| An Successive dynasties from the Ikshvakus, Pallavas, Chalukyas, Kakatiyas, Vijayanagaram Kings, Qutub Shahis, Mughals and the Asaf Jahis, have contributed significantly to the State's rich cultural tapestry and have left behind a heritage studded with spectacular monuments.
Charminar is often called as "The Arc de triomphe of the East". It is considered as the legendary masterpiece of Qutub Shahi's.
This beautiful structure derives its name from four intricately carved minarets, The four graceful minarets literally meaning 'Four Minars', soar to a height of 48.7m each, above the ground. It is located amidst the colourful shops of Lad Bazaar with its glittering traditional bangles in the old city. Enormous in its size, this imposing monument exudes a charm that is more than 400 years old.
The Qutub Shahi Reign
The history of Hyderabad begins with the establishment of the Qutub Shahi dynasty. Owing to the inadequacy of water and frequent epidemics of plague and cholera Quli Qutub Shah established the new city with the Charminar at its centre with four great roads fanning out in four cardinal directions.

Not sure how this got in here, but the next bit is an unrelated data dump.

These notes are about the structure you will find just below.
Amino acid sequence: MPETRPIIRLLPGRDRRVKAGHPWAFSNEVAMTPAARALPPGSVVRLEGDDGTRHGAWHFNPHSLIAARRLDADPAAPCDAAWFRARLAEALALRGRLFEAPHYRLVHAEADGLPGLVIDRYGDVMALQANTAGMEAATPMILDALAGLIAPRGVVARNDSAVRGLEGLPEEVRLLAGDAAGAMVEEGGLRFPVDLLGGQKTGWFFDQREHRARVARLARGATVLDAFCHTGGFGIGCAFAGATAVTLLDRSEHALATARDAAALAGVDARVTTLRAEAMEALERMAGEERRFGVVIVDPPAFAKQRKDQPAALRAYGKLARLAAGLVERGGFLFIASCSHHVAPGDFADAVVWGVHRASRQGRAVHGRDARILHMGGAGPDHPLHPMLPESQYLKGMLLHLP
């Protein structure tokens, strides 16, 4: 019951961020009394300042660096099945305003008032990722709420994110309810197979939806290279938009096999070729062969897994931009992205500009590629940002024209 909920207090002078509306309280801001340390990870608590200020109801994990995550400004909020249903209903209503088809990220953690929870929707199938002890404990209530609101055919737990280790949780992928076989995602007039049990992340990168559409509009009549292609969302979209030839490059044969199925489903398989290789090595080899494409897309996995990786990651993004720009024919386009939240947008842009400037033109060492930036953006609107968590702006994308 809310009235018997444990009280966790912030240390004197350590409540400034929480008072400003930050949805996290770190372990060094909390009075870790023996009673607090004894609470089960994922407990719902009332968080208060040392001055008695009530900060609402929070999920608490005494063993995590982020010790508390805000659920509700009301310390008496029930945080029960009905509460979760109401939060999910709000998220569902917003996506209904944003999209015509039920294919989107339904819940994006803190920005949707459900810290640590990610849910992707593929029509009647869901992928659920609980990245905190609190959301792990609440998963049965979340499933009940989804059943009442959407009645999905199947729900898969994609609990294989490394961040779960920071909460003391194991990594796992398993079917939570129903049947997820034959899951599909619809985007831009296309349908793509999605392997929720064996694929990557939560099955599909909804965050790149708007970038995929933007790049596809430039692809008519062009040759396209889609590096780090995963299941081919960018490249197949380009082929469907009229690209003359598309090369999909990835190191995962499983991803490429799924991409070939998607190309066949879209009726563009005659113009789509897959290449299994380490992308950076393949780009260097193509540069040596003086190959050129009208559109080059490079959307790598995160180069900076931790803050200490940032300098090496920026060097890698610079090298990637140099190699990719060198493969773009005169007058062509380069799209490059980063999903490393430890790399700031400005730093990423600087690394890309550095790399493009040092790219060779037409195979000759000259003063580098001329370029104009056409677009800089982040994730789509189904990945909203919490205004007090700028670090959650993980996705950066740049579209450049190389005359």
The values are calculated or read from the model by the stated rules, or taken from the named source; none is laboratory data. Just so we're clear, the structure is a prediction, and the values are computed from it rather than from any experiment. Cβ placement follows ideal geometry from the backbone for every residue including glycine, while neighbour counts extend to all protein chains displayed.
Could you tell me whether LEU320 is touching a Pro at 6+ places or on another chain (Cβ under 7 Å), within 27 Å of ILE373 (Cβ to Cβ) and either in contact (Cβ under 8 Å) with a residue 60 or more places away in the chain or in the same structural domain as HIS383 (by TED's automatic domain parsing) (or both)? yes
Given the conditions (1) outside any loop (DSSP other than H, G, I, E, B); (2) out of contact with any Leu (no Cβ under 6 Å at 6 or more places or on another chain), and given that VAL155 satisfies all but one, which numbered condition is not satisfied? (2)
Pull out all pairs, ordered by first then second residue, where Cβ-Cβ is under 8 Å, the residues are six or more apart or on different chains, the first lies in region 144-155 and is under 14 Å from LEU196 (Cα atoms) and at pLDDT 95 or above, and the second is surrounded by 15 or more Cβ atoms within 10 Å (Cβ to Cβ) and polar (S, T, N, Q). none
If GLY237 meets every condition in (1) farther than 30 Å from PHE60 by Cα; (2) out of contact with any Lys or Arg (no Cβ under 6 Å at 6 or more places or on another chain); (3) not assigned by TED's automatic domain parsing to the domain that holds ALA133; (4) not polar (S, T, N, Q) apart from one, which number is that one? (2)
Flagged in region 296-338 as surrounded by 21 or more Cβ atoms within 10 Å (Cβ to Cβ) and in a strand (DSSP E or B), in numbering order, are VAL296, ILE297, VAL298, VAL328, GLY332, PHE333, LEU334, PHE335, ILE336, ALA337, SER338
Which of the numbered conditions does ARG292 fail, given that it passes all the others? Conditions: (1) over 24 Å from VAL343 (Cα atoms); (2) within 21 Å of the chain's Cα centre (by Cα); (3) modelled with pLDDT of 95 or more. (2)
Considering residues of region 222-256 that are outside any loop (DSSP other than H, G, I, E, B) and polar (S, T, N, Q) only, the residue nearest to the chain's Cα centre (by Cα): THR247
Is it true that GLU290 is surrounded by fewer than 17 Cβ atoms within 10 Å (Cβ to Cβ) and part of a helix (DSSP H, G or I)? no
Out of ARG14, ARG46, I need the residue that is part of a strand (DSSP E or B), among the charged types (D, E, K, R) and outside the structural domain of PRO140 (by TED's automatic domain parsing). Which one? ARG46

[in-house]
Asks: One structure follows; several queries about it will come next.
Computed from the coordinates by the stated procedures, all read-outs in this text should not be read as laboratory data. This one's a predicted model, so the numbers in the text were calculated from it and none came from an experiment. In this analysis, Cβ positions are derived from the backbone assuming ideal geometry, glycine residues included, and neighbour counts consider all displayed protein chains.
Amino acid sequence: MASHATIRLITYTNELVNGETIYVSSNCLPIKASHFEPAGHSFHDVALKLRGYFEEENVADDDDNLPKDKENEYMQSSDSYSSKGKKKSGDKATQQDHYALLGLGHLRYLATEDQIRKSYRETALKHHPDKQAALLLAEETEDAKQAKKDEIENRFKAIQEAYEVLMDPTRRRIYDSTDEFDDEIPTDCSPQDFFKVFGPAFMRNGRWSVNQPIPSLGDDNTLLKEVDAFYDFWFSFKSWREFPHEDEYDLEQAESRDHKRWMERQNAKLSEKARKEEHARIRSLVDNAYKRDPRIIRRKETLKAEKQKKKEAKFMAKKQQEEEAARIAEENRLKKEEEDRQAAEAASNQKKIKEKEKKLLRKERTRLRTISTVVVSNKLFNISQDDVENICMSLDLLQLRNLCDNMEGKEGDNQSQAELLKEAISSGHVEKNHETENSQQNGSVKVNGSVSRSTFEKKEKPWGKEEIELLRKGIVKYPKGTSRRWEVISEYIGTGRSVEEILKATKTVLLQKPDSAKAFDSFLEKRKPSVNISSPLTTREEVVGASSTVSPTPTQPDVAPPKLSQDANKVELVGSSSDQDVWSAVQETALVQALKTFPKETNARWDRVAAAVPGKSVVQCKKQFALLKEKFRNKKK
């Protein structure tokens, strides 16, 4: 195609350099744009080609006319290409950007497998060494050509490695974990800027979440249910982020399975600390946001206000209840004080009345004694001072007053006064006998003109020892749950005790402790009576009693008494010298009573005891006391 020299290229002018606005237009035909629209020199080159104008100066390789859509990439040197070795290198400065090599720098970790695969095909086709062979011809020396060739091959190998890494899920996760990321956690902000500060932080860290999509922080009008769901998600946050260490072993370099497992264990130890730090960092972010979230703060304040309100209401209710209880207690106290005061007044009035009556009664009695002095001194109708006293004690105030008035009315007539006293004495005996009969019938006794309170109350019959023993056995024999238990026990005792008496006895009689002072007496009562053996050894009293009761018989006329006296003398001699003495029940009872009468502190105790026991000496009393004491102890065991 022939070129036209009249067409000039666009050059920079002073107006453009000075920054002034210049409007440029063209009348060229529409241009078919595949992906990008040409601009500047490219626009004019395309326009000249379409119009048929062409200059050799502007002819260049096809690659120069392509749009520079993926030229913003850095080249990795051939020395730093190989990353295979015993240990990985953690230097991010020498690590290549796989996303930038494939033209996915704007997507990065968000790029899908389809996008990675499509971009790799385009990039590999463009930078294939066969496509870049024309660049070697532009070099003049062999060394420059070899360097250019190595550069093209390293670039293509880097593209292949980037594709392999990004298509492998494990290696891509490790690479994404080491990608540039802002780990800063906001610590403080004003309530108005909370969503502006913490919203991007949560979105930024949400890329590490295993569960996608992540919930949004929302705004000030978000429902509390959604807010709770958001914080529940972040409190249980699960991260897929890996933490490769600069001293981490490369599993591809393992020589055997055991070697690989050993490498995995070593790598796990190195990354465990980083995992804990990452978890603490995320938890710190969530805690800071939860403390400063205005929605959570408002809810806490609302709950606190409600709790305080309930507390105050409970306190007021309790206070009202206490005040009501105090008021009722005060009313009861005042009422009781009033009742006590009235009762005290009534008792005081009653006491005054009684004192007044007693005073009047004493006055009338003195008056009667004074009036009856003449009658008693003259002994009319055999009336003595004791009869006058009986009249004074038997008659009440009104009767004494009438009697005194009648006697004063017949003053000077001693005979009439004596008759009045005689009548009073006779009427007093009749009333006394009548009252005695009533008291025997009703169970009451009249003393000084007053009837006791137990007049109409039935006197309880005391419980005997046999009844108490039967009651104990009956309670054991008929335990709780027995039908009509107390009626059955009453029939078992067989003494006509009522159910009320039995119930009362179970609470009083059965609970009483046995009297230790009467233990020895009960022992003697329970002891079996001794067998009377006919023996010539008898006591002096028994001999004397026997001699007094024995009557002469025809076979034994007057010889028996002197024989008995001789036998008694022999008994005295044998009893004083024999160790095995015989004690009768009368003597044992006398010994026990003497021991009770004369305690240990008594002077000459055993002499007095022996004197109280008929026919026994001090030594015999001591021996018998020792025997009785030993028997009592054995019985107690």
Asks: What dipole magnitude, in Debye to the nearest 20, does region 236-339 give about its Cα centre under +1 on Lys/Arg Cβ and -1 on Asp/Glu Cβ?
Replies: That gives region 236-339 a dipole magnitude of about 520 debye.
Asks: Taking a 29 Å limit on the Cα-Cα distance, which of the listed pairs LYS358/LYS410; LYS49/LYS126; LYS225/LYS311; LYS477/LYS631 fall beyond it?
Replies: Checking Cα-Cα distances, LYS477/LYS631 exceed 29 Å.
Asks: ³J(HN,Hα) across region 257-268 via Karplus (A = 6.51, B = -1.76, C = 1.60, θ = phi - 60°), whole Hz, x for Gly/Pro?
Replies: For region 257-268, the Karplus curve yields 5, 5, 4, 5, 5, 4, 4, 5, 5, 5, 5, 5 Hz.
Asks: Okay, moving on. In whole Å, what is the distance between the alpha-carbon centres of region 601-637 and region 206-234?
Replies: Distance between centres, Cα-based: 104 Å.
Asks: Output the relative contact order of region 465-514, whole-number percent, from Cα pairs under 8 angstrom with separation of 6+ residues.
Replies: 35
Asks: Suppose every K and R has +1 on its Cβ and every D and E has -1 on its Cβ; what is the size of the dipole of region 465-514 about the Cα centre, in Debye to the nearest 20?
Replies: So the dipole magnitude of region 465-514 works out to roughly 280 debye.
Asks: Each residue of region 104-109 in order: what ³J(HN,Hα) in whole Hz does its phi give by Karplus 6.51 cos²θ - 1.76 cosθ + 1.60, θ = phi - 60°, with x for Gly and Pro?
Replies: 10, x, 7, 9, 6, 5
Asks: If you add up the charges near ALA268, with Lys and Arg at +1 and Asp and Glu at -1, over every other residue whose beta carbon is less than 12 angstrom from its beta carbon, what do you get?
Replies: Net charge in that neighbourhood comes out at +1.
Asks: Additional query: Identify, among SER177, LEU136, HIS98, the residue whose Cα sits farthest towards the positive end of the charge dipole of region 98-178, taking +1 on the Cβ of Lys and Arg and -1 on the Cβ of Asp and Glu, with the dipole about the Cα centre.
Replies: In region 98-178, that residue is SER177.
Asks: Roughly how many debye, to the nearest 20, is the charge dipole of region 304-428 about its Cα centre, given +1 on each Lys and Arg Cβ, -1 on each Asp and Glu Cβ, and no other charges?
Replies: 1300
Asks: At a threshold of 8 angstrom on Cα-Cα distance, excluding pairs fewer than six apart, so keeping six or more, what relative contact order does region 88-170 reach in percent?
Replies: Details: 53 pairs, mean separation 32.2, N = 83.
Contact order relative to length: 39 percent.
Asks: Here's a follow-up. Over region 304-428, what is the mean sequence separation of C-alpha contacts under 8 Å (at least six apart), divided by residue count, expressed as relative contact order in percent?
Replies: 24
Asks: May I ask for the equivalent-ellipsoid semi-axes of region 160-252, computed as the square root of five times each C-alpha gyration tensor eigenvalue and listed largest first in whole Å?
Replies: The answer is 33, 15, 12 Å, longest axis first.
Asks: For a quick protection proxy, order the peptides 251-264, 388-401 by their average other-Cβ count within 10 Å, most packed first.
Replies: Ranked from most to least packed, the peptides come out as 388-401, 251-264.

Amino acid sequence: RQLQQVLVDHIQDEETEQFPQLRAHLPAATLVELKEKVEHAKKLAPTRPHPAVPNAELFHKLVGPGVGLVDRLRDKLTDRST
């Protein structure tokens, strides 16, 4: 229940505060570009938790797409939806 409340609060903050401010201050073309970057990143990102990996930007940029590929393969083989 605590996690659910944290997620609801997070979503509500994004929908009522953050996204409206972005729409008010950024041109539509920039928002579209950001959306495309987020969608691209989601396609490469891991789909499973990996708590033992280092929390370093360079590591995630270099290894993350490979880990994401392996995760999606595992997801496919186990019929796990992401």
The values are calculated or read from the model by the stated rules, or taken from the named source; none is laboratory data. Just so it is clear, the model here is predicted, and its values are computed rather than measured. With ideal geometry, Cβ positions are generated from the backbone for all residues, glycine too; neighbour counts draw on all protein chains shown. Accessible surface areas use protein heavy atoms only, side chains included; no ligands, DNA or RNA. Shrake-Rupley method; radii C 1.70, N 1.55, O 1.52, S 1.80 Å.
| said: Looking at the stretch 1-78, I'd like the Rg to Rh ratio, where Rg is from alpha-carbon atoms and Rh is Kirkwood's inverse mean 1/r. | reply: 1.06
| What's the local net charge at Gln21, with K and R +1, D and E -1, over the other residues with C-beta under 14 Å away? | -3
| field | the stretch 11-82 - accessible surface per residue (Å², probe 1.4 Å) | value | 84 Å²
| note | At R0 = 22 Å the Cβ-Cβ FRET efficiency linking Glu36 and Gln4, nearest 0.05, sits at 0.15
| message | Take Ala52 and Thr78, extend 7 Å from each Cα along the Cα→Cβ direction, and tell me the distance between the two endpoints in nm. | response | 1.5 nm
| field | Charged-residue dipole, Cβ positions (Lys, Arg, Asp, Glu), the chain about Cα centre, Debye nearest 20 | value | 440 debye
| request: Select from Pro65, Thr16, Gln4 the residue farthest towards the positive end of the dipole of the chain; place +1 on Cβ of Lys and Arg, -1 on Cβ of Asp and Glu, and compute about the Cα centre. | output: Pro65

The plan is a square, each side 20m long, while the four arches are 11m wide and rise 20m from the plinth. The four-storeyed minarets rise 20m from the roof of the massive monument and measure 24m from the plinth. The western section of the roof contains a mosque, ranking among the finest the gifted Qutub Shahi artisans ever built.
There are 45 prayer spaces with a large open space in front to accommodate more for Friday prayers. To the east of this space is a lovely verandah with a large open arch in the centre, flanked by smaller ones on both sides.
Falaknuma is a magnificent palace built by Nawab Vikar-ul-Ulmara, the then Prime Minister of Hyderabad , which was later gifted to Mehboob Ali Khan, the sixth Nizam of Hyderabad. Falaknuma means 'Star of Heaven. The Falaknuma palace is a rare blend of Italian and Tudor architecture.
It is located 5-km south of Charminar on a hill above 200ft. An Italian architect designed it and the foundation for the construction was laid on 3rd of March 1884 It took 9 long years to complete the construction. It is totally made with Italian marble and covers a total area of 9,39,712-sq-metre. It was purchased by Nizam VI in 1897 and was used as a royal guesthouse has a commanding view of the entire city. The splendour of Falaknuma Palace and lavish hospitality became famous through out India.